Safe Sanctuary Policies
Note: You can download a pdf of this letter here.
If then there is any encouragement in Christ, any consolation from love, any sharing in the Spirit, any compassion and sympathy, make my joy complete: be of the same mind, having the same love, being in full accord and of one mind. Do nothing from selfish ambition or conceit, but in humility regard others as better than yourselves. Let each of you look not to your own interests, but to the interests of others. Let the same mind be in you that was in Christ Jesus…” ~Philippians 2: 1–5
January 9, 2020
Beloved St. Andrew Community:
Did you know we have multiple, interrelated behavioral policies that help us to ensure health and well-being in our communion—especially those we consider most vulnerable among us? Our priority of care for our children and vulnerable adults is a sacred trust. It grows from the sacraments; from the promises we make in baptism and the insights we gain at the communion table.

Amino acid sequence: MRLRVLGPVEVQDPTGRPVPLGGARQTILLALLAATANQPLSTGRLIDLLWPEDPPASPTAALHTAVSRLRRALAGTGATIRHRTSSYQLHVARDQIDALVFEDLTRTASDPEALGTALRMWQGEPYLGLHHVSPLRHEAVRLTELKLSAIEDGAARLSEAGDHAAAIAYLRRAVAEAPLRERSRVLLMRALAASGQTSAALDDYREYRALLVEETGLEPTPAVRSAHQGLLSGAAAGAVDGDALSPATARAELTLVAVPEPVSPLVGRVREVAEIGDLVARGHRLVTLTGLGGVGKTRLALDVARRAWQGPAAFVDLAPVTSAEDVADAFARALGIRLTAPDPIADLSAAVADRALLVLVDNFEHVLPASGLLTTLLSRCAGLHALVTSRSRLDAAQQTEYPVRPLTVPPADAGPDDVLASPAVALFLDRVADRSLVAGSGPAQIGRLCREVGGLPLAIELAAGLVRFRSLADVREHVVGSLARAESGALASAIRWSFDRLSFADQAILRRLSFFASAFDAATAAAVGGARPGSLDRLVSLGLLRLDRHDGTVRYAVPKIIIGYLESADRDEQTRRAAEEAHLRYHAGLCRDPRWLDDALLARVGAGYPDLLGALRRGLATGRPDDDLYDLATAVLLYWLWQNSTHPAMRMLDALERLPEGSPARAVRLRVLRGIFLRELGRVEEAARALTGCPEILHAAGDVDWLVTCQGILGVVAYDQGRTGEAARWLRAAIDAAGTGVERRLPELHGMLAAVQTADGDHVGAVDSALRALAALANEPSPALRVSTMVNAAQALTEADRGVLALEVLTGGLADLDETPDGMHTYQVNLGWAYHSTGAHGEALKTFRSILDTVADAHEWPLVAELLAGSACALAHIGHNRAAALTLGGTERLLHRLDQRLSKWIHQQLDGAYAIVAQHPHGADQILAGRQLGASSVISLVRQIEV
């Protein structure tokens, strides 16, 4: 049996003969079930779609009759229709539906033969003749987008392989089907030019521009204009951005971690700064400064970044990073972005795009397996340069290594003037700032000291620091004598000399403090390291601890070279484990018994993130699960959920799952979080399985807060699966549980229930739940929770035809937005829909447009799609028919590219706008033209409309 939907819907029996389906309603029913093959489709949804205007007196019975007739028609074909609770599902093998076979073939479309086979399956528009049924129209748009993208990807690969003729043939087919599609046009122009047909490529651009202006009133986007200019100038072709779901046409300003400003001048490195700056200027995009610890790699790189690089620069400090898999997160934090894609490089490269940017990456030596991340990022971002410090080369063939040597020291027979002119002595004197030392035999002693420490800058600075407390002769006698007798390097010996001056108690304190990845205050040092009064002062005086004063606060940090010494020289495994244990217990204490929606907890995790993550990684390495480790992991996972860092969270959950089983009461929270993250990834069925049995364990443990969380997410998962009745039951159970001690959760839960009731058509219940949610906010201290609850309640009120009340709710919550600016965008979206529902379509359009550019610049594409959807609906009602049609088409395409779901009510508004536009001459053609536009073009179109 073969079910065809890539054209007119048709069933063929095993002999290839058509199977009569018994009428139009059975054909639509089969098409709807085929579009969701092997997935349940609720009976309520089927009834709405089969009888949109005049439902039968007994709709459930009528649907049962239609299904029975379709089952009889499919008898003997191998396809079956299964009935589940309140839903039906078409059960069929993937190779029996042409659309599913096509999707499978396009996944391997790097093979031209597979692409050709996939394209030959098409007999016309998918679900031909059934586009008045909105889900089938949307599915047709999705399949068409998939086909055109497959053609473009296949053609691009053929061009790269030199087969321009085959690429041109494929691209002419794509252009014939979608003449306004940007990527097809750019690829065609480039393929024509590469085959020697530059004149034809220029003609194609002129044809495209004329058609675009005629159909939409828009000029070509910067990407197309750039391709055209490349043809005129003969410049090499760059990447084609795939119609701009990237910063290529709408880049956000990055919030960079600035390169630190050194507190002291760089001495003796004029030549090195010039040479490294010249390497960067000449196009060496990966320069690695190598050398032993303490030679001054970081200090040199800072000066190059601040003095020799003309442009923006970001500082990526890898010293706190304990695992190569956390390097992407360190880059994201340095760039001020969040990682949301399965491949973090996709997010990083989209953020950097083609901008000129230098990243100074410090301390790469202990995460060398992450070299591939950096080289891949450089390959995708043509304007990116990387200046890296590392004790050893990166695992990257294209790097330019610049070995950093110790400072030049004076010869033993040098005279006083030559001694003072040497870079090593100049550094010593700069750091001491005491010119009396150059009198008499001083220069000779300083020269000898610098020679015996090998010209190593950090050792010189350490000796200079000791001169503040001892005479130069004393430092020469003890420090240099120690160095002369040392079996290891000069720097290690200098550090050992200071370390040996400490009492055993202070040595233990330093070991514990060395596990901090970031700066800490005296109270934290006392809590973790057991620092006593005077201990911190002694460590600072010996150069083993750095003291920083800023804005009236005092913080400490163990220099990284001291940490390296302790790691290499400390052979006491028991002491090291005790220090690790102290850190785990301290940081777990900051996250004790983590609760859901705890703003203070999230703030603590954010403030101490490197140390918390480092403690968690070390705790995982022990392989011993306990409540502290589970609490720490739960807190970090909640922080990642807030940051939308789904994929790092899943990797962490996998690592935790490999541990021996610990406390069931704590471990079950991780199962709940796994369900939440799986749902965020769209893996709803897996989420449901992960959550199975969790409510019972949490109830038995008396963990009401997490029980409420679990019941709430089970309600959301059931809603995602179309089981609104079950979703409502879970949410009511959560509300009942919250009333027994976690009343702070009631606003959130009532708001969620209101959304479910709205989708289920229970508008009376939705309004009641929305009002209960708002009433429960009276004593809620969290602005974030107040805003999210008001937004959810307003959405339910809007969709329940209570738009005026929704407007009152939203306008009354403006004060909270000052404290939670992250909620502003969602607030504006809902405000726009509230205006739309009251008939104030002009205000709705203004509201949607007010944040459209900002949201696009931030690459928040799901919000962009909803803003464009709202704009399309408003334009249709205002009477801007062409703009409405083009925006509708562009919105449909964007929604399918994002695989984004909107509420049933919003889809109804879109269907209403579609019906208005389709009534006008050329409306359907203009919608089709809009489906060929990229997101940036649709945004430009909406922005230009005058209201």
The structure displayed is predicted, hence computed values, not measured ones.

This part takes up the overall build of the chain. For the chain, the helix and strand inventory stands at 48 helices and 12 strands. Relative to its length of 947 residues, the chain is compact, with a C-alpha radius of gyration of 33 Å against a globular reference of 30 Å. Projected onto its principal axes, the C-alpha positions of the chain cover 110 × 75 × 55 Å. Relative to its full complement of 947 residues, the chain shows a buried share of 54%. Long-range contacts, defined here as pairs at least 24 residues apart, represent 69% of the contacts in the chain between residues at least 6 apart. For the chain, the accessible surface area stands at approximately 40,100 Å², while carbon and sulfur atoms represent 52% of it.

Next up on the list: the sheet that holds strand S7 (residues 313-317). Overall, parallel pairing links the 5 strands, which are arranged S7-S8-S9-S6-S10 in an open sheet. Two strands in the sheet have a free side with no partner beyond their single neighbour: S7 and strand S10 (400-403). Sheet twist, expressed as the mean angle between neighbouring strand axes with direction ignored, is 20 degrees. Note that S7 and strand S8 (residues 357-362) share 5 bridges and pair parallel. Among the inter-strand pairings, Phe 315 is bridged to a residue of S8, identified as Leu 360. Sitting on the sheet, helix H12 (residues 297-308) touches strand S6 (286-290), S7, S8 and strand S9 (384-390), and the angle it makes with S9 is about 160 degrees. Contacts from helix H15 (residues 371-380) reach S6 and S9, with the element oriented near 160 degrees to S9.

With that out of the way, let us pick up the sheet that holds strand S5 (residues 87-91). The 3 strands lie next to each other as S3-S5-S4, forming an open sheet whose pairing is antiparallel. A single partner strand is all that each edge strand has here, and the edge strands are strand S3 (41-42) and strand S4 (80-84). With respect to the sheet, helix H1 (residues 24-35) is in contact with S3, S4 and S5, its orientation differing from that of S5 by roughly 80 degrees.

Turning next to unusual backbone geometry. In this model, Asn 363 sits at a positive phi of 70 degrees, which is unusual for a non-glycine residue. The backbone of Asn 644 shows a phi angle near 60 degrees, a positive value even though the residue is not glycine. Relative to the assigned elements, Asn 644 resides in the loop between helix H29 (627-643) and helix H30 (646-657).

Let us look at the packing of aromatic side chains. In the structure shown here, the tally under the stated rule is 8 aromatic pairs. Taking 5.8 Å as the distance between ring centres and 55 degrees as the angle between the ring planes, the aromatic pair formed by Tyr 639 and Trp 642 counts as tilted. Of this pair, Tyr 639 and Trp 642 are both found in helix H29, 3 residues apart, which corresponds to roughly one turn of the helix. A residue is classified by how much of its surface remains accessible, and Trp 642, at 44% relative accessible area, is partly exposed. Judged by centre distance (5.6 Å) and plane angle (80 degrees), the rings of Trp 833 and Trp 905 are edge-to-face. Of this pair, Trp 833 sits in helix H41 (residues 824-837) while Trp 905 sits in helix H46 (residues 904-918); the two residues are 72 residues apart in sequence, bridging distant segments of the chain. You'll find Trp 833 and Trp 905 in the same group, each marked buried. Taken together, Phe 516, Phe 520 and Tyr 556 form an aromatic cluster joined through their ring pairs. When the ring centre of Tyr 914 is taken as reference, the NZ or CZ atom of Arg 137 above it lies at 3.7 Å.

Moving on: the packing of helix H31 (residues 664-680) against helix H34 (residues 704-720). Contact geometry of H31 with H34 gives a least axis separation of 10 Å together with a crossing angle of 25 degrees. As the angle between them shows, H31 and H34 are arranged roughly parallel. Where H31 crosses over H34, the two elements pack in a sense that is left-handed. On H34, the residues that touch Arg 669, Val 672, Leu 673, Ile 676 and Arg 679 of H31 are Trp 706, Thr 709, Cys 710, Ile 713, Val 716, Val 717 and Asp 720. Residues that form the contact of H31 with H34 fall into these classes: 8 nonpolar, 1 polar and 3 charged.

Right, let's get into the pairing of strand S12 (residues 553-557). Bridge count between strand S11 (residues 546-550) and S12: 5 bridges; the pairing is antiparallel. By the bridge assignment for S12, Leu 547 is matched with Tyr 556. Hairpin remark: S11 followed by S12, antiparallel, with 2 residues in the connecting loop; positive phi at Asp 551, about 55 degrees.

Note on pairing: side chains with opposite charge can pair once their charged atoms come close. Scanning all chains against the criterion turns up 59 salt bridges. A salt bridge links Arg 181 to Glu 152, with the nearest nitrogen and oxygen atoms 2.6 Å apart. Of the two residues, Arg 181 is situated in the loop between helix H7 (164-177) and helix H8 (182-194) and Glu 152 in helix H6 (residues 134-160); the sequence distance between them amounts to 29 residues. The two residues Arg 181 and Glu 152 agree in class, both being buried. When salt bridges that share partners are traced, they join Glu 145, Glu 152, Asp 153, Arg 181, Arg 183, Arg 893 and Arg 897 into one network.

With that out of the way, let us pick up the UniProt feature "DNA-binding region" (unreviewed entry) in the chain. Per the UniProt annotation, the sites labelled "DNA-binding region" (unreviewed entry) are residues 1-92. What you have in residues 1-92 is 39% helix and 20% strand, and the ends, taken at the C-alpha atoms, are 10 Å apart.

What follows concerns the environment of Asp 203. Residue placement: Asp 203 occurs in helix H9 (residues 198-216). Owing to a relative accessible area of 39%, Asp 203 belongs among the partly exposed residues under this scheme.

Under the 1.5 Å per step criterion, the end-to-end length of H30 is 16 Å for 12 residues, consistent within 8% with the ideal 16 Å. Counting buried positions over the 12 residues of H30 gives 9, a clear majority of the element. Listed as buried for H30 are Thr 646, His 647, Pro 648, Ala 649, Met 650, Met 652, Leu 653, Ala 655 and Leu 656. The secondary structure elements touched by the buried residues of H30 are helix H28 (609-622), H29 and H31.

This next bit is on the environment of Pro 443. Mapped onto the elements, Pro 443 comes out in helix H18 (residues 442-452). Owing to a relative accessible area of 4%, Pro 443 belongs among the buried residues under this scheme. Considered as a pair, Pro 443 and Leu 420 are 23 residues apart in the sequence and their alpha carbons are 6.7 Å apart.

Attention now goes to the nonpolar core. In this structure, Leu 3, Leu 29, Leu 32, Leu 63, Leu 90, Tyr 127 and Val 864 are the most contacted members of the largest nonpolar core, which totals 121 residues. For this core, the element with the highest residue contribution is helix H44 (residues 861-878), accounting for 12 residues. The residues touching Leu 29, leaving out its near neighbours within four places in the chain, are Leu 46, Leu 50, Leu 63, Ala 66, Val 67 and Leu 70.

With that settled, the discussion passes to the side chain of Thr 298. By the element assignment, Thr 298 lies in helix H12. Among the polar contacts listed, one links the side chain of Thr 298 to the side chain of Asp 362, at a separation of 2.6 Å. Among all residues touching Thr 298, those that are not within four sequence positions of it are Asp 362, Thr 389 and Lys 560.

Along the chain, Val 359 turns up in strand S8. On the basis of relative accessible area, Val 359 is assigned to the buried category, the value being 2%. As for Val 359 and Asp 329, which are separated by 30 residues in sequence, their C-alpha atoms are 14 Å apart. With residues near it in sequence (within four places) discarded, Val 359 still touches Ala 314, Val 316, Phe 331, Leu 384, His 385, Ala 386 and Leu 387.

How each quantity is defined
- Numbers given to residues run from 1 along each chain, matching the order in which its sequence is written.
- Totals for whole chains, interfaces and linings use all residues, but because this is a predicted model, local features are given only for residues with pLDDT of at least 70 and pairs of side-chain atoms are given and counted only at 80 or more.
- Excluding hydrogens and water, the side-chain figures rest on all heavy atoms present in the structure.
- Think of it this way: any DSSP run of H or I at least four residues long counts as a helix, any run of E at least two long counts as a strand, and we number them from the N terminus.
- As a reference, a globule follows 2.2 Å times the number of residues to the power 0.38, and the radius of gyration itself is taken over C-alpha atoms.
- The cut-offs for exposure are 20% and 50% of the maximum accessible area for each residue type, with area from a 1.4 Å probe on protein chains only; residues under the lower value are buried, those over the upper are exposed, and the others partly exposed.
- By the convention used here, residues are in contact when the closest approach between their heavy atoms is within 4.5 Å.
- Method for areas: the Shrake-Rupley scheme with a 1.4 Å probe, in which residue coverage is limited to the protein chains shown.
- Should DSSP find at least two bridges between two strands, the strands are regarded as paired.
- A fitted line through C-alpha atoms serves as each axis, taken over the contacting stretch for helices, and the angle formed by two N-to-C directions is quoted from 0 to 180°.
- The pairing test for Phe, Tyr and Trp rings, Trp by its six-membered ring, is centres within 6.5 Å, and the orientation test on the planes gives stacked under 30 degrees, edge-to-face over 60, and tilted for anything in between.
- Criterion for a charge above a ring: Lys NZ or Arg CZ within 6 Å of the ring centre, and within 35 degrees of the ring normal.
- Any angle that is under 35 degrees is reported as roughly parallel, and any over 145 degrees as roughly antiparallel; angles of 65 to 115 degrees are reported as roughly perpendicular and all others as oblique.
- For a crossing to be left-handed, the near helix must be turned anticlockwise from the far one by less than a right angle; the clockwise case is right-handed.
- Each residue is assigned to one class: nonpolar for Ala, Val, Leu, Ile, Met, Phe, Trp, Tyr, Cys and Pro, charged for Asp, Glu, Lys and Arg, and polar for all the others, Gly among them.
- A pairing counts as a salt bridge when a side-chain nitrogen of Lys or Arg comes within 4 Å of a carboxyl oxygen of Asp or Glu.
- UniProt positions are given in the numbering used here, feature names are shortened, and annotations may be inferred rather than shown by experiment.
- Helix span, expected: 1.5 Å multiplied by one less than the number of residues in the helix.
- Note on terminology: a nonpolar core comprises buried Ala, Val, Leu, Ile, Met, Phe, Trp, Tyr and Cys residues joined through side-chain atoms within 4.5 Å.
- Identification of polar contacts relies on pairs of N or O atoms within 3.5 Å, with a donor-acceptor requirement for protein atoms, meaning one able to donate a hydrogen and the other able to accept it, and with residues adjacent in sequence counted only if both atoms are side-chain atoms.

First of all, there’s baptism. In this sacrament we intentionally and with self-awareness gather around promises. Foremost are the promises we understand God to be making to all God’s creation, to the church, and to individuals known in the stories of God’s fidelity throughout the scriptures, and particularly in the self-giving of Jesus who is our pattern for life and ministry. Our own promises to and for one another emanate from the God who acts first. In response, as a congregation, we promise to care for the baptized as if they are our own:
Communion Each Lord's Day
You can download a pdf copy of all the related letters here.
Beloved St. Andrew community,
We are pleased to let you know that at our December Session meeting, we made a unanimous decision to practice the celebration of communion on a weekly basis. As you know, this is the culmination of recent conversation at St. Andrew, and reflective of a long shift in Christian sacramental practices generally, in our own denomination, and at St. Andrew. This puts us in line with our Reformed theological tradition and Presbyterian polity, and with our current understanding of best practices for our formation as the people of God.